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Mar 31, 2012 10:04 PM

cooking bulgogi on a George Foreman grill

crazy craving for bulgogi with no good Korean restaurants in the area. a quick google search proves that it's a pretty simple dish to make so it is now on the docket for Sunday night supper. no grill and want to avoid the oil involved in pan-frying. would it be ok to cook it on a George Foreman grill? i understand that the beef should thinly sliced and so should cook up fast, but how fast is fast? thanks in advance.

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  1. Never tried on a Foreman grill but I like the idea. I've made it in a skillet and you're right - the thinly sliced meat cooks fast. Should only take a few minutes. If it works I'll definitely start making it that way..

    1. a few minutes. I think better if you don't close the lid.

      1. thanks, any other tips for how long to grill? i thought until it is opaque but would that make it overcooked given additional cooking after you take the meat off the grill. 4 minutes?

        1. My mother used to make bulgogi on the GF grill for her sandwich shop. They had a bulgogi sub which was pretty yummy. The thing about bulgogi and all Korean grilled meats is that they are meant to be fully cooked through so they are pretty forgiving. Cooking with the lid down keeps more moisture in and cooks faster. I believe it took about 3 - 5 minutes. Definitely put a few more onions in there for extra flavor.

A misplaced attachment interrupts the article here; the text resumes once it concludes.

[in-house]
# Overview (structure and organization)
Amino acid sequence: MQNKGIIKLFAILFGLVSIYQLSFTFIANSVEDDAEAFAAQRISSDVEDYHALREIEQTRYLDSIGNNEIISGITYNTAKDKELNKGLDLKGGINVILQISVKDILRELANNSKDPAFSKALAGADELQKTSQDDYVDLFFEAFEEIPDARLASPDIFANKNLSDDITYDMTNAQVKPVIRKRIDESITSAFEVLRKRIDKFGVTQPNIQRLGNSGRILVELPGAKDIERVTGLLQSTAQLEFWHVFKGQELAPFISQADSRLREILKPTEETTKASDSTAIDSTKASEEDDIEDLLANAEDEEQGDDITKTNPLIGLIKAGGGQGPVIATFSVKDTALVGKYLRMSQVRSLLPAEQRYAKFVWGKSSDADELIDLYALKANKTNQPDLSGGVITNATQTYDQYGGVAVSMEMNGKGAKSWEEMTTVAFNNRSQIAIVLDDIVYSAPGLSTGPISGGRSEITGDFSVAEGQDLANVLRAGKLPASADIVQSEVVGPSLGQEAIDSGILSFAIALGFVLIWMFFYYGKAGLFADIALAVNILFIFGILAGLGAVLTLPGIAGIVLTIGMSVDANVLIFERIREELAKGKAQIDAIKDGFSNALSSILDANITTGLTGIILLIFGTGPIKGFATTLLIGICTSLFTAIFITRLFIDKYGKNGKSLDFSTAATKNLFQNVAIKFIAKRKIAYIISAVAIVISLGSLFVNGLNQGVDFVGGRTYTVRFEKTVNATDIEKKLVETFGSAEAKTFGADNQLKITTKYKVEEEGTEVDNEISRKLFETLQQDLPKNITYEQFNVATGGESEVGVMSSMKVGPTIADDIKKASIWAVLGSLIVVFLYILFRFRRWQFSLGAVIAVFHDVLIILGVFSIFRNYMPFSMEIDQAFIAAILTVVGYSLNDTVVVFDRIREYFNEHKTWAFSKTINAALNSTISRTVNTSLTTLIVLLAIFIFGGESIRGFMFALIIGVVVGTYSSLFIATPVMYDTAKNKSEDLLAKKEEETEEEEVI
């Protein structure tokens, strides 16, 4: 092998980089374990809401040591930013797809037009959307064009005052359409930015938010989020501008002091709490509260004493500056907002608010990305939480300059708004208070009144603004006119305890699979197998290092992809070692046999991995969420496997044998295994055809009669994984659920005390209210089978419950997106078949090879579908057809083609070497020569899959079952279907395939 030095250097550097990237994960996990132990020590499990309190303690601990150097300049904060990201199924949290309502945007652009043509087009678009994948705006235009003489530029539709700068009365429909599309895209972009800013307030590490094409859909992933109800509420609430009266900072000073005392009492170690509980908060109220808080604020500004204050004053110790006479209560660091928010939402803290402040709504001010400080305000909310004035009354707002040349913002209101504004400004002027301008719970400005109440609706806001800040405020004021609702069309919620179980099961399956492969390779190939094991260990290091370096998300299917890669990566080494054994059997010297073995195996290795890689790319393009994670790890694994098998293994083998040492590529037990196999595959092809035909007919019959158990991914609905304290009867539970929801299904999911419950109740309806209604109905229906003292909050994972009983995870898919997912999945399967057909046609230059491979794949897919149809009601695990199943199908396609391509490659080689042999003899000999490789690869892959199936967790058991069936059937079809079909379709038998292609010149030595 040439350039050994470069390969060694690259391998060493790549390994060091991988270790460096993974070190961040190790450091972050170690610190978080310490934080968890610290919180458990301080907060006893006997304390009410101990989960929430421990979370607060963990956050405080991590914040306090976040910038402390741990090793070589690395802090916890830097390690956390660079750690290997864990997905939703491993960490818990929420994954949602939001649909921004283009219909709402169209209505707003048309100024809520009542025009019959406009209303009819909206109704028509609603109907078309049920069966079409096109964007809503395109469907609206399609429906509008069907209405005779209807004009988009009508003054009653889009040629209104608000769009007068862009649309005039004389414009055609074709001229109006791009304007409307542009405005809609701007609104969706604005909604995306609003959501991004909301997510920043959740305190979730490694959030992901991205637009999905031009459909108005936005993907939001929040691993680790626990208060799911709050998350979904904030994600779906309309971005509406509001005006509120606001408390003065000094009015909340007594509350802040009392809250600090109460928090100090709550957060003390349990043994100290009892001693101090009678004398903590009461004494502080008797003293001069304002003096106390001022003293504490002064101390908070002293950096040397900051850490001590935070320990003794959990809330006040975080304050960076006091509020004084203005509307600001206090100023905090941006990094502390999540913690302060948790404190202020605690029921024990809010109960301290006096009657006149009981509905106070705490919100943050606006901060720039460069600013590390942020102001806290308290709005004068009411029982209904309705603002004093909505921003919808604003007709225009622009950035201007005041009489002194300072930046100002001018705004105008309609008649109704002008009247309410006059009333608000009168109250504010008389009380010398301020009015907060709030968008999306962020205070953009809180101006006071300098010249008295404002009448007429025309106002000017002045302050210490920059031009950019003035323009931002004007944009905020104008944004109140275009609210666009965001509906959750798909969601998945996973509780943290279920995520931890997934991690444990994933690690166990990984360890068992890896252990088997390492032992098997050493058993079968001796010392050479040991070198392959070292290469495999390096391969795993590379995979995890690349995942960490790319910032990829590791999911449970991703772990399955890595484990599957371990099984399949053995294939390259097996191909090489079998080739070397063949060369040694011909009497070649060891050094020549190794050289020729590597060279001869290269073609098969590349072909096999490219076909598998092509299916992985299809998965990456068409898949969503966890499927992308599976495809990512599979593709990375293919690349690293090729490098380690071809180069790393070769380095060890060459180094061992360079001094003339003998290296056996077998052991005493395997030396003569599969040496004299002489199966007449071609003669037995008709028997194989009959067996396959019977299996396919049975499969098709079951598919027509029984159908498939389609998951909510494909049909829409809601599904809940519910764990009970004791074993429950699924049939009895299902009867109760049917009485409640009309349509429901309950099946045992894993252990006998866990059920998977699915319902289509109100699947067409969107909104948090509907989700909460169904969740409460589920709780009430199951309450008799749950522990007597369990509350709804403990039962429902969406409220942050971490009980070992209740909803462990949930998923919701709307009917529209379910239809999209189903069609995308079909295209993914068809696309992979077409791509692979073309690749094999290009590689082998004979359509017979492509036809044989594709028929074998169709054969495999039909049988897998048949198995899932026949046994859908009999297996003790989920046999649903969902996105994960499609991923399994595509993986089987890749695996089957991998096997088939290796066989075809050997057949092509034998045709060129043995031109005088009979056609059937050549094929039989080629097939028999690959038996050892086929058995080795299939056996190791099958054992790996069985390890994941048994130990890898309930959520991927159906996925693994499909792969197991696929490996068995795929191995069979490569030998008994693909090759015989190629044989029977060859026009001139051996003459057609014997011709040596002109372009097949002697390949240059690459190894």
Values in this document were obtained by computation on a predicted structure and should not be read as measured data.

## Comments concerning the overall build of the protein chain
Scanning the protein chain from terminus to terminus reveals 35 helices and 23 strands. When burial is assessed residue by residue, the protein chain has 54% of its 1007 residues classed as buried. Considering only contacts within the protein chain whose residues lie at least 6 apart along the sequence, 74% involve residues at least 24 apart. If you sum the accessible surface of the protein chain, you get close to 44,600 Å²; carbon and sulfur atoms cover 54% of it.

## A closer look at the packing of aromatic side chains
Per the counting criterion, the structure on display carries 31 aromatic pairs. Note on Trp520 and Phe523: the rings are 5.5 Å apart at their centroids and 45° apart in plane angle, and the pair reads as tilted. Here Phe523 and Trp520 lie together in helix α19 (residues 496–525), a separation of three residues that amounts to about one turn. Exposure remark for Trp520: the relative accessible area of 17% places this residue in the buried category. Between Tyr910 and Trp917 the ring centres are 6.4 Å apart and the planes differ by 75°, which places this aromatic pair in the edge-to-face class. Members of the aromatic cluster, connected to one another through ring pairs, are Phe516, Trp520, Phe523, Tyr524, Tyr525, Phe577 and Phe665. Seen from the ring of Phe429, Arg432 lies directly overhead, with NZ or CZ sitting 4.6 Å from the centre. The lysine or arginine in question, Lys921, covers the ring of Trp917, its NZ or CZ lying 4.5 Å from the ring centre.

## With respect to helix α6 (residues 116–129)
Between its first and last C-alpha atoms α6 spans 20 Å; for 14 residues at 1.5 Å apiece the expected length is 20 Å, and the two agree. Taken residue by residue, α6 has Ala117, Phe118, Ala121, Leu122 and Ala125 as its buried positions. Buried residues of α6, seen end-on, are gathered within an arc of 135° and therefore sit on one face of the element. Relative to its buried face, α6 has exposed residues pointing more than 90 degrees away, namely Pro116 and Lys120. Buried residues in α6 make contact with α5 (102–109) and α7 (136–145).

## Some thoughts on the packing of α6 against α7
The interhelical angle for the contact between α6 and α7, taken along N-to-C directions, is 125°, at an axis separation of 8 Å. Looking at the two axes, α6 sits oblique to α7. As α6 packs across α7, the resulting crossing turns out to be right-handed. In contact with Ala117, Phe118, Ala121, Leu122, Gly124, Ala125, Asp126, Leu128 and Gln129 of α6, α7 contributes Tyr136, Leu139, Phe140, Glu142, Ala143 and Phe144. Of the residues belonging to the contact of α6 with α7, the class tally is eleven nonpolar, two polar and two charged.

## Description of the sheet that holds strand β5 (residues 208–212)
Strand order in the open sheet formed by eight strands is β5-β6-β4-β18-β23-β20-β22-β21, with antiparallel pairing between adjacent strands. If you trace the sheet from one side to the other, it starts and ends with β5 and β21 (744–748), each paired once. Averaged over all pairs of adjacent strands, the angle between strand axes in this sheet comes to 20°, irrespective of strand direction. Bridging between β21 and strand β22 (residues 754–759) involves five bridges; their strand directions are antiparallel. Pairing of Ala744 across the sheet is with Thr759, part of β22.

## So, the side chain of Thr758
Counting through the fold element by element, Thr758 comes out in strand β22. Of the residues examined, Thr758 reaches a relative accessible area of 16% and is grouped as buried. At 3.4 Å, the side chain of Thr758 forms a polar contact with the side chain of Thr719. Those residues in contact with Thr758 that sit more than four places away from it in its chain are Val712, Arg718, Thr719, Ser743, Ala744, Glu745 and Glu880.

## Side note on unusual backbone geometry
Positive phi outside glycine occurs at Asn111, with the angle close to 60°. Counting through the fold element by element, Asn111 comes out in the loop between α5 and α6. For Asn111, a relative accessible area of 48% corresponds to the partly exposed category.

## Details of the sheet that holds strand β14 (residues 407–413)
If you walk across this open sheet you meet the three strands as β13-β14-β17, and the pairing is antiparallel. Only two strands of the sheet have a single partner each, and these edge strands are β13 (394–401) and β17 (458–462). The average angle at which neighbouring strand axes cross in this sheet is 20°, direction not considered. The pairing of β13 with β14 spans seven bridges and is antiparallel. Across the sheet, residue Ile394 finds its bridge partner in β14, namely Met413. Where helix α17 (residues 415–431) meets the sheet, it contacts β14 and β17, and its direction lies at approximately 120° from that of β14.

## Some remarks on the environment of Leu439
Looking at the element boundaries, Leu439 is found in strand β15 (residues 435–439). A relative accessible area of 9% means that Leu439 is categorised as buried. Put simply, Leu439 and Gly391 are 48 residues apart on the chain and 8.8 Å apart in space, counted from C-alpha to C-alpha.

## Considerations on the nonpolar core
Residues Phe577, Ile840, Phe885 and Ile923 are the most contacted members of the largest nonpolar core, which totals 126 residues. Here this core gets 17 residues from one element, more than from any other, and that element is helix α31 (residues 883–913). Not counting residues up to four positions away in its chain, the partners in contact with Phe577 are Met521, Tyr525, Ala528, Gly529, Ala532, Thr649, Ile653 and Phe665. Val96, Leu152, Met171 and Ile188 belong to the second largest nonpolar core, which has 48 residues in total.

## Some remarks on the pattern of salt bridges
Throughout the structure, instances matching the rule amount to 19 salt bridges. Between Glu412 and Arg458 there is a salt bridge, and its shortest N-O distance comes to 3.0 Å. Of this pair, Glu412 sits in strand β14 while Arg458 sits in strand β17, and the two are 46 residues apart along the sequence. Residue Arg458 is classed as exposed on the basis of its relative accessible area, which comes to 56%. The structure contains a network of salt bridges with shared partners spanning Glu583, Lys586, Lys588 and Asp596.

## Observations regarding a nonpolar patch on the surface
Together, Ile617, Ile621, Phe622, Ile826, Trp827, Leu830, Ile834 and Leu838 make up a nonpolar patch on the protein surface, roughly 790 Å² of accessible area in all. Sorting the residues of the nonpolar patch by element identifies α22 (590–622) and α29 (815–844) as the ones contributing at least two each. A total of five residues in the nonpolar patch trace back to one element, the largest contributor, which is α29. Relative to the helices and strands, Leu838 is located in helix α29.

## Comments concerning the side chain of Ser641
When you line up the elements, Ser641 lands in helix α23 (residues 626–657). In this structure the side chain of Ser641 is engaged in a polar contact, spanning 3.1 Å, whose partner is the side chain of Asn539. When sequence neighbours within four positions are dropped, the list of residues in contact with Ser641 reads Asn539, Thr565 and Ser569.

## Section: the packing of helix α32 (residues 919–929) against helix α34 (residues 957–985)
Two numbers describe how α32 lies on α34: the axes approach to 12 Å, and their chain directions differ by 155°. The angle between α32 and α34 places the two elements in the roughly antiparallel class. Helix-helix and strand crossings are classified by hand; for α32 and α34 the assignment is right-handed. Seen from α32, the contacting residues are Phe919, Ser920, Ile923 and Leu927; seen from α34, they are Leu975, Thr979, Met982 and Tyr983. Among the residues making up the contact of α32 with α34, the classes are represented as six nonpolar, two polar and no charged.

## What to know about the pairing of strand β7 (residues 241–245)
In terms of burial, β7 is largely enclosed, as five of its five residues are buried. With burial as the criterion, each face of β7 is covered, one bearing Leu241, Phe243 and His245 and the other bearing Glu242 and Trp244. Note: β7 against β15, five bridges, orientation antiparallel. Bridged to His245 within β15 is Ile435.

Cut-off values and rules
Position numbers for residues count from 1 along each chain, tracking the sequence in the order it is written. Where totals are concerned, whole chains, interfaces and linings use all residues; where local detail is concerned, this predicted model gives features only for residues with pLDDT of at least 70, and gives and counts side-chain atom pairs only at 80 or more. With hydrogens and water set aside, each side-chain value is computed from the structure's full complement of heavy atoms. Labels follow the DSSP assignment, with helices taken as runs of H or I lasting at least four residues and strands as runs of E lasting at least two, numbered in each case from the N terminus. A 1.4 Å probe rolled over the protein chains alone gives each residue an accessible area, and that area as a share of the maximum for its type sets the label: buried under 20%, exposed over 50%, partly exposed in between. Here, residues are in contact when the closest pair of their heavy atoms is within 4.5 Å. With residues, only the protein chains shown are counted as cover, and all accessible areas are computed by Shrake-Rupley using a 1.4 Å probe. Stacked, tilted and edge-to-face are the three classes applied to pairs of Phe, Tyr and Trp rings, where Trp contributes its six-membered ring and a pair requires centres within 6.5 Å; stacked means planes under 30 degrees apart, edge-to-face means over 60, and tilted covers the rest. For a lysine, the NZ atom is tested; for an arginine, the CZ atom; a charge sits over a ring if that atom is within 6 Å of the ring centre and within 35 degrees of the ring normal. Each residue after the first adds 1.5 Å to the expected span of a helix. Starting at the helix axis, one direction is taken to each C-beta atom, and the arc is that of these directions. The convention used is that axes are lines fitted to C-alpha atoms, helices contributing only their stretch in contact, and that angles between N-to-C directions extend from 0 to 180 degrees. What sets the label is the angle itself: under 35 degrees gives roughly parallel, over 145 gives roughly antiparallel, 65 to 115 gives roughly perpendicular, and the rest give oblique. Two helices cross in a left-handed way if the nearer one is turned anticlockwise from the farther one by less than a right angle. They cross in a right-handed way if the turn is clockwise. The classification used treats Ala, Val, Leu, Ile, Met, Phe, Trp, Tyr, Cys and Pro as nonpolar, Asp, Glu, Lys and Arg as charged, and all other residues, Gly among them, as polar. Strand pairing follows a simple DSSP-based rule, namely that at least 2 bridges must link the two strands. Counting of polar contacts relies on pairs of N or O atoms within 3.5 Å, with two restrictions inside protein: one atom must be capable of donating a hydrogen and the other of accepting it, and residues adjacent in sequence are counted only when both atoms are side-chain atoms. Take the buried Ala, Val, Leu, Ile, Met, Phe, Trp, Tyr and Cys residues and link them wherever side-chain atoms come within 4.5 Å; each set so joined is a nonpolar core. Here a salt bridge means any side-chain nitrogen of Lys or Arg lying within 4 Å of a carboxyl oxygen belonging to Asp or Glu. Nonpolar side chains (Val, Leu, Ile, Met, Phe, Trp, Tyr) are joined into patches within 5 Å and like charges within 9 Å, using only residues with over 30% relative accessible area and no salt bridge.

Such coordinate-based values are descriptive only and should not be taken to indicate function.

Also with pan frying we never added any extra oil in non-stick pans. The sesame oil and natural fat in the ribeye seemed to be sufficient. Adding more onions here would also help. You could also splash a little more sake or even water to keep it from sticking.

          1. also semi-related to the cooking method. unfortunately, i didn't have time to grab beef until this morning so i put it in the fridge to marinate at 12ish. i know it is advised to marinate overnight but it's for dinner today. is 5-6 hours ok? if it matters, i added 1/2 of a kiwi to the marinade as i heard it's a critical ingredient to tenderize the meat.

            1 Reply
            1. re: fldhkybnva

              I've been following this thread so will look forward to how it comes out. Please post. Also, I think 5-6 hours will be fine. I like overnight, but I think that will be fine.

              Like you, I love Korean BBQ and often get cravings. I deal with those in varying degrees depending how involved I want to get.

              1) Very involved - For this I invested in a cast iron dome grill. I'm not sure what they are called, but they are the type you see in some of the Korean restos that sit right on the flame. My condo only has a an electric range, so I also bought a butane burner and can easily set that outside on the patio table, inside on the kitchen counter, or inside on the dining table. This is where I have a few types of meats, I've made all the bachan, have a few other sides and it's for a few folks.

              2) Light involvement - For this I have used my cast iron skilled, or grill pan. This is where I just want some meat and kimchi on top of rice. In this case, the grill pan can be put on the electric range and this makes things very quick and easy. Easy to clean too.

              I do have a new GFG and haven't even used it yet, so curious how yours come out. I found that my old GFG was actually more time consuming and hard to clean, which is why I switched to the CI grill pan.

              I am lucky enough to have some good Korean restos near me, but the price is high. I go, but not often enough so I do like you, cook it myself. Just as good, just more work, but I like that kind of work. :-)